By Allan Alach
I welcome suggested articles, so if you come across a gem, email it to me at firstname.lastname@example.org
All this week’s contributions are from Bruce Hammonds:
Providing Space for Wonder: Fostering Children’s Natural Sense of Inquiry
“Why is the sky blue? Who invented the toilet? Why do zebras have stripes? As any parent of a preschool- or elementary school–age child can attest, children are born with a natural sense of curiosity. It is this innate sense of wonder that will lead and support our students’ lifelong journeys of discovery and learning. As educators, we have a moral obligation to not only allow for our students’ inquisitiveness, but to also foster and support this powerful, often untapped potential.”
How to get children to want to do maths outside the classroom
How to get children to want to do maths – try some maths walks
“Ask adults about maths and they’ll often say: “I was never very good at maths at school”. How can we stop young children growing up today saying the same thing. One way to develop ownership is to take children on a “maths walk”, opening their eyes up to the world around them. It’s like a treasure hunt, with the treasures hidden all around us waiting to be observed.”
Three Lessons For Teachers From Grant Wiggins
This advice is offered so that each student can continue to benefit from Wiggins’ teachings and wisdom.
“While Grant is no longer with us, his spirit and ideas live on. Indeed, we can honor and celebrate his life’s work by acting on the sage advice that he offered to teachers over the years. As we prepare to meet our new students, let us consider three of Grant’s sensible and salient lessons for teachers.”
Five Strategies for Questioning with Intention
The art of questioning by Art Costa and Bella Kallick
“One of a teacher’s most important practices is designing and posing questions. Knowing that questions are the gateway into students’ thinking, masterful teachers don’t just ask a lot of questions; they purposefully design and pose questions that are appropriate for each learning goal—questions that will bring about the specific kinds of student learning they are aiming for.”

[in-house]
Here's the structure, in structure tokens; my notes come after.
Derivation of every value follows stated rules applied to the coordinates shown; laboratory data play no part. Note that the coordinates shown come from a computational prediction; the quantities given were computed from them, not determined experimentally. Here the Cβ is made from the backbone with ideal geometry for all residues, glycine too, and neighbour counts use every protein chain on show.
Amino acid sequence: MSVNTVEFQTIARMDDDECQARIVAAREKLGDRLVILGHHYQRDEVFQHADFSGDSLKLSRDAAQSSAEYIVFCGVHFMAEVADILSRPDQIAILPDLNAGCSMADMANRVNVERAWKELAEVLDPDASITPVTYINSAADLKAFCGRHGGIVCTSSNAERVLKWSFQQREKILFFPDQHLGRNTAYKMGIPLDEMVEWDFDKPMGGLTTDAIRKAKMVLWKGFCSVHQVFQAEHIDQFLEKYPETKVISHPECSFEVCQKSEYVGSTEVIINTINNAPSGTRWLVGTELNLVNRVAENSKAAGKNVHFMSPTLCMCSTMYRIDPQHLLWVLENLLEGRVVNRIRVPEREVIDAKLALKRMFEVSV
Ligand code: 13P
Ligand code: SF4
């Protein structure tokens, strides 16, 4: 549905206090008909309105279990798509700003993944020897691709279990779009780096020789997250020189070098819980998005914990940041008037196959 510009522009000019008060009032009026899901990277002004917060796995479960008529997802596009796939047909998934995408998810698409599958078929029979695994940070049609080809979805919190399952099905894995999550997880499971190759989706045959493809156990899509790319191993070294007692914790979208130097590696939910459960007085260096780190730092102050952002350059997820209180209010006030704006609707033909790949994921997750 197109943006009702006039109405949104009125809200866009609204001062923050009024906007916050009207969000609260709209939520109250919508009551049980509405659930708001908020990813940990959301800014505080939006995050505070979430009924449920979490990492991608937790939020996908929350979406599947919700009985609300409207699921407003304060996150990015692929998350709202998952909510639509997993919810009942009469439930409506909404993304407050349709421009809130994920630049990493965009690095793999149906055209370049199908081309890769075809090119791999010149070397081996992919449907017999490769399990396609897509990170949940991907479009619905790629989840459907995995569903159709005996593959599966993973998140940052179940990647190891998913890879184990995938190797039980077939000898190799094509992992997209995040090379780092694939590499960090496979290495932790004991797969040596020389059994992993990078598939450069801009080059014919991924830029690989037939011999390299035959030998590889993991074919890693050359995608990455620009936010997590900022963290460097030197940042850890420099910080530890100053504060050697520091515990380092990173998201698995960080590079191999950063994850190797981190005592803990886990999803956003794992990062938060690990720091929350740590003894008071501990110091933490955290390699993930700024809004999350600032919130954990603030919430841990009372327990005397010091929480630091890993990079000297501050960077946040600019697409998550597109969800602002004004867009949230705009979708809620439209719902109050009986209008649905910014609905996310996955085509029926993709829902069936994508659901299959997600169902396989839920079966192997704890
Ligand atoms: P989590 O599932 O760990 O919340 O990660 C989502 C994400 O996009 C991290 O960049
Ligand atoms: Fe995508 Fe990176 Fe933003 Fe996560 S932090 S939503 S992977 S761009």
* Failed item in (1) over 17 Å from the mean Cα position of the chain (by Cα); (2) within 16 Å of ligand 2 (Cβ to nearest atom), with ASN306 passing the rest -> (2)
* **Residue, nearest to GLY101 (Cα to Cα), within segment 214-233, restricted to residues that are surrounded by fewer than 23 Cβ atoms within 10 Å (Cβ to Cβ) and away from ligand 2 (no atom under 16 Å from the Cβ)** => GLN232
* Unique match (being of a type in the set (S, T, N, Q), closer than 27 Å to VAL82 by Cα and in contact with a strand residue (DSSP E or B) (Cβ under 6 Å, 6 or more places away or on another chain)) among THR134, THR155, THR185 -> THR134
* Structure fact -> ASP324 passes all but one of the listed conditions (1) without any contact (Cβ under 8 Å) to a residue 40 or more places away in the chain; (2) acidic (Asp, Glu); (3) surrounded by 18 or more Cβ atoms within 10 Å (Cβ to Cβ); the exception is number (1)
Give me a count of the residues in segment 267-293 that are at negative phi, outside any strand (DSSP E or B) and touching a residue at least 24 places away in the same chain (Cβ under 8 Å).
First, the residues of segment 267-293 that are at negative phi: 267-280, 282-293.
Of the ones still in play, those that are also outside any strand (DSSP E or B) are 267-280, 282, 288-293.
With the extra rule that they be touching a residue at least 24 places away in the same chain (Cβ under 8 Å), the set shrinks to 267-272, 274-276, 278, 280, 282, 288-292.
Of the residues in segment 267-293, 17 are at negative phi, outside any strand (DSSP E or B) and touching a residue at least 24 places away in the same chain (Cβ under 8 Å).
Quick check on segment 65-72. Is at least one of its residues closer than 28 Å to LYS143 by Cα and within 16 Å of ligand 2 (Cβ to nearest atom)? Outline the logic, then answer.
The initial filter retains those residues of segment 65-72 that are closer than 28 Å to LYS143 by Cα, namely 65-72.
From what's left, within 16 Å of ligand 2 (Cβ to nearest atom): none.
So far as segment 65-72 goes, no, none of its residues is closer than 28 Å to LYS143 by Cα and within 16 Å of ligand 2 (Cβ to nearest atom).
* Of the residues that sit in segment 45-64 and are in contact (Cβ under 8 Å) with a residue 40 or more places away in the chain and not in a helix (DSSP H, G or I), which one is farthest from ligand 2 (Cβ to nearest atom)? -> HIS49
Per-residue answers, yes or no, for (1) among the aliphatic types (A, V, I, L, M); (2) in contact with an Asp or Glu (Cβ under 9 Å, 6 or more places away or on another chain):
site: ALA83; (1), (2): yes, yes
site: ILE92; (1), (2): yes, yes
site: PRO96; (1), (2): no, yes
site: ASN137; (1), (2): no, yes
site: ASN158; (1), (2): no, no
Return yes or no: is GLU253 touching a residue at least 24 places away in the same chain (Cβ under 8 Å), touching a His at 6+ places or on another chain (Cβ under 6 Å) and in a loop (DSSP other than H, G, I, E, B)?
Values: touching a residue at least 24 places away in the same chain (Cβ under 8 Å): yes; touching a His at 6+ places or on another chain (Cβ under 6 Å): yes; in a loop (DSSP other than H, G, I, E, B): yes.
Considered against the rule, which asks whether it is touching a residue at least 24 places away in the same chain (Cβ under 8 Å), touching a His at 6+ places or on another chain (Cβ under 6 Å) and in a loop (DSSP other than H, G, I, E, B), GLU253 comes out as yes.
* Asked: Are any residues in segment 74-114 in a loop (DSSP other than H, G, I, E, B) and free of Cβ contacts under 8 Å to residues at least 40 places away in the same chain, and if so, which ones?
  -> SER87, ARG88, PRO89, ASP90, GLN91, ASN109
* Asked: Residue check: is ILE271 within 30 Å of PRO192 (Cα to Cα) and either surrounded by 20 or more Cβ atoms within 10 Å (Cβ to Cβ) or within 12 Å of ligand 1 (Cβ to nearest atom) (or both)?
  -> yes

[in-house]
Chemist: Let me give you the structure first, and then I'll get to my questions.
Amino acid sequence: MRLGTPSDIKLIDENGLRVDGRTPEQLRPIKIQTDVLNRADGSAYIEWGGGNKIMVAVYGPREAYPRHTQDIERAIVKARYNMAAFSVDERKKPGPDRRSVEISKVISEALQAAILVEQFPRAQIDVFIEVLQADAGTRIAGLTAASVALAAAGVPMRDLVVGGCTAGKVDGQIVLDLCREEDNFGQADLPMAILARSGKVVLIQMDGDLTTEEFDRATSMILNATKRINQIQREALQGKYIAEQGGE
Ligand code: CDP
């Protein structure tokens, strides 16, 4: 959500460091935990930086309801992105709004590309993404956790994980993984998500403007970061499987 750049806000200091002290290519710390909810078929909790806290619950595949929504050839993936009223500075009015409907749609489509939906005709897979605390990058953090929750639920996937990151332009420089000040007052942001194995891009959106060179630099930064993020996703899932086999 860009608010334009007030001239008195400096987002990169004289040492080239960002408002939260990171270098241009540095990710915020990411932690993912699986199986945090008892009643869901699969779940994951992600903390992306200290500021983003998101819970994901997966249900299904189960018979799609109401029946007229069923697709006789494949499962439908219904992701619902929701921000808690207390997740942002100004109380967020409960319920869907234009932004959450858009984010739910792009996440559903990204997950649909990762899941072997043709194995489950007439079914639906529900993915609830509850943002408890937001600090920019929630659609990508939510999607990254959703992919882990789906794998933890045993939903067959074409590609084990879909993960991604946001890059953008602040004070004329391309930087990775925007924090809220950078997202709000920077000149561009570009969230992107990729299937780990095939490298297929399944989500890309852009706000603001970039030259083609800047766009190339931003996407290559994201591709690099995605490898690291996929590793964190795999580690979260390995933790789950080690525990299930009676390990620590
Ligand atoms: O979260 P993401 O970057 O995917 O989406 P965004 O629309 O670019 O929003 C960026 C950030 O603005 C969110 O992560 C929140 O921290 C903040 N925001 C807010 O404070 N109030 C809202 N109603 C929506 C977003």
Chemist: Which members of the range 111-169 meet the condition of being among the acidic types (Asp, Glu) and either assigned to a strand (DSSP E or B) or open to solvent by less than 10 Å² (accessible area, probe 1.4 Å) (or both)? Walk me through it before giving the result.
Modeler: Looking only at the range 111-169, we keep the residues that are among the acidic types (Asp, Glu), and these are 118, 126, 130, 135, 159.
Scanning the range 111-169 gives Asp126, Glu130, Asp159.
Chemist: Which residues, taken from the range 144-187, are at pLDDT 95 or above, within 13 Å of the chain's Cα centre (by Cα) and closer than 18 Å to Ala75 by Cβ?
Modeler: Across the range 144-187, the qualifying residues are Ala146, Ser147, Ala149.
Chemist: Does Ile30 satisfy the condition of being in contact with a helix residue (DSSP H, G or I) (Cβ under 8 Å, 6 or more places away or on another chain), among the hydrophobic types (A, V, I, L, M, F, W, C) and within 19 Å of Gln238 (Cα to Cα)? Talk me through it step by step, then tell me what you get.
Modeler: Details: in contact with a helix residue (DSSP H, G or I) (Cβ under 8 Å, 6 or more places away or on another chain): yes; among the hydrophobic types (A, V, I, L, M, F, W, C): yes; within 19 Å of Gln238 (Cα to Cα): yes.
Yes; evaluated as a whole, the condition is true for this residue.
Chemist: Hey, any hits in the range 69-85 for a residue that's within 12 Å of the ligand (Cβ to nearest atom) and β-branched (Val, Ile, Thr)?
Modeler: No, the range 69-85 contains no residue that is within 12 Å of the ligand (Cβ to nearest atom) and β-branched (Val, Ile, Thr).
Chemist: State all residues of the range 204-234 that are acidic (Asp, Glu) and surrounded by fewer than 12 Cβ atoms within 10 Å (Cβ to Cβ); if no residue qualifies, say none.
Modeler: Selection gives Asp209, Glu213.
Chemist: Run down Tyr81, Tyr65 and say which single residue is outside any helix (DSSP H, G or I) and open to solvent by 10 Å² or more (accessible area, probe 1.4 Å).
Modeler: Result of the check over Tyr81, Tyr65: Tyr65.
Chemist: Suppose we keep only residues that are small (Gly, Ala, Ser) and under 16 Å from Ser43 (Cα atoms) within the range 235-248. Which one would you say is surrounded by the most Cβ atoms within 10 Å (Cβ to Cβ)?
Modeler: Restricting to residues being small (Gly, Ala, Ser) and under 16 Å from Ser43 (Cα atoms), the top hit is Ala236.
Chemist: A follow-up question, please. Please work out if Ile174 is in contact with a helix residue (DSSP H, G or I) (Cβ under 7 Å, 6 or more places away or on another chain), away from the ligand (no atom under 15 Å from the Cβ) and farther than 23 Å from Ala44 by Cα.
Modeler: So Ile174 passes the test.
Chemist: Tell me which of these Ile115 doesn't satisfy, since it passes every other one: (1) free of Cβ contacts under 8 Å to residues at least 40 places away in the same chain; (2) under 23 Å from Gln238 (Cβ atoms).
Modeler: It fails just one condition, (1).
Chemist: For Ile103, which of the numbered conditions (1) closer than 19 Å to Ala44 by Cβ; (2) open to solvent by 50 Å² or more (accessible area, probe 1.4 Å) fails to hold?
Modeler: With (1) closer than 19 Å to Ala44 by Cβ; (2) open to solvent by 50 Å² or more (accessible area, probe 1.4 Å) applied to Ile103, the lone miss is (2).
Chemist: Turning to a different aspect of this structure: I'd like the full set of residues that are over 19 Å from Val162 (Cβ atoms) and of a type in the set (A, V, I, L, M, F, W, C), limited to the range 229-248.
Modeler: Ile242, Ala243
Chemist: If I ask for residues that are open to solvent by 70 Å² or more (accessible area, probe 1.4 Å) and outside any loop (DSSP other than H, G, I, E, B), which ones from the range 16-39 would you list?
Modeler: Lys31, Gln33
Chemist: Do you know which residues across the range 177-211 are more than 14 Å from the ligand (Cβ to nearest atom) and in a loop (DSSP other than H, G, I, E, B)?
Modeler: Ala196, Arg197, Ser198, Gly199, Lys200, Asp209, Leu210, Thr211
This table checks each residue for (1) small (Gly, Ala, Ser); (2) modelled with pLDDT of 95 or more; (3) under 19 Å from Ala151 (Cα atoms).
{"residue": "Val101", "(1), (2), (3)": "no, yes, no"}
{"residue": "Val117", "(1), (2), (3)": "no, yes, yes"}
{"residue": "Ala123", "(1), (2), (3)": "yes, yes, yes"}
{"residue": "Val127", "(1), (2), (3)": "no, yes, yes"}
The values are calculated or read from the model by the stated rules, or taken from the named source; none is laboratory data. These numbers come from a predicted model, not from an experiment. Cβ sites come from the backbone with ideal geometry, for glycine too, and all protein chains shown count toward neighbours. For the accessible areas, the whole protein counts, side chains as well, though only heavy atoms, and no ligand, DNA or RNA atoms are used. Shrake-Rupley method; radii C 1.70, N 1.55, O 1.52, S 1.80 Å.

The Neuroscience Behind Stress and Learning
The real oil about brain friendly learning.
“The realities of standardized tests and increasingly structured, if not synchronized, curriculum continue to build classroom stress levels. Neuroimaging research reveals the disturbances in the brain’s learning circuits and neurotransmitters that accompany stressful learning environments. The neuroscientific research about learning has revealed the negative impact of stress and anxiety and the qualitative improvement of the brain circuitry involved in memory and executive function that accompanies positive motivation and engagement.”
Beyond the Factory Model
Blended learning – many schools are moving into personalised blended learning to move out of a factory one size fits all model.
“A foundation-funded experiment is testing whether “blended learning” can personalize instruction in eight Oakland schools. Blended learning combines brick-and-mortar schooling with online education “with some element of student control over time, place, path, and/or pace” of learning, according to the Clayton Christensen Institute definition of the term.”
Classrooms Flooded with Devices.
Remember B.F. Skinner’s teaching machine? Are similar claims being made for today’s technology?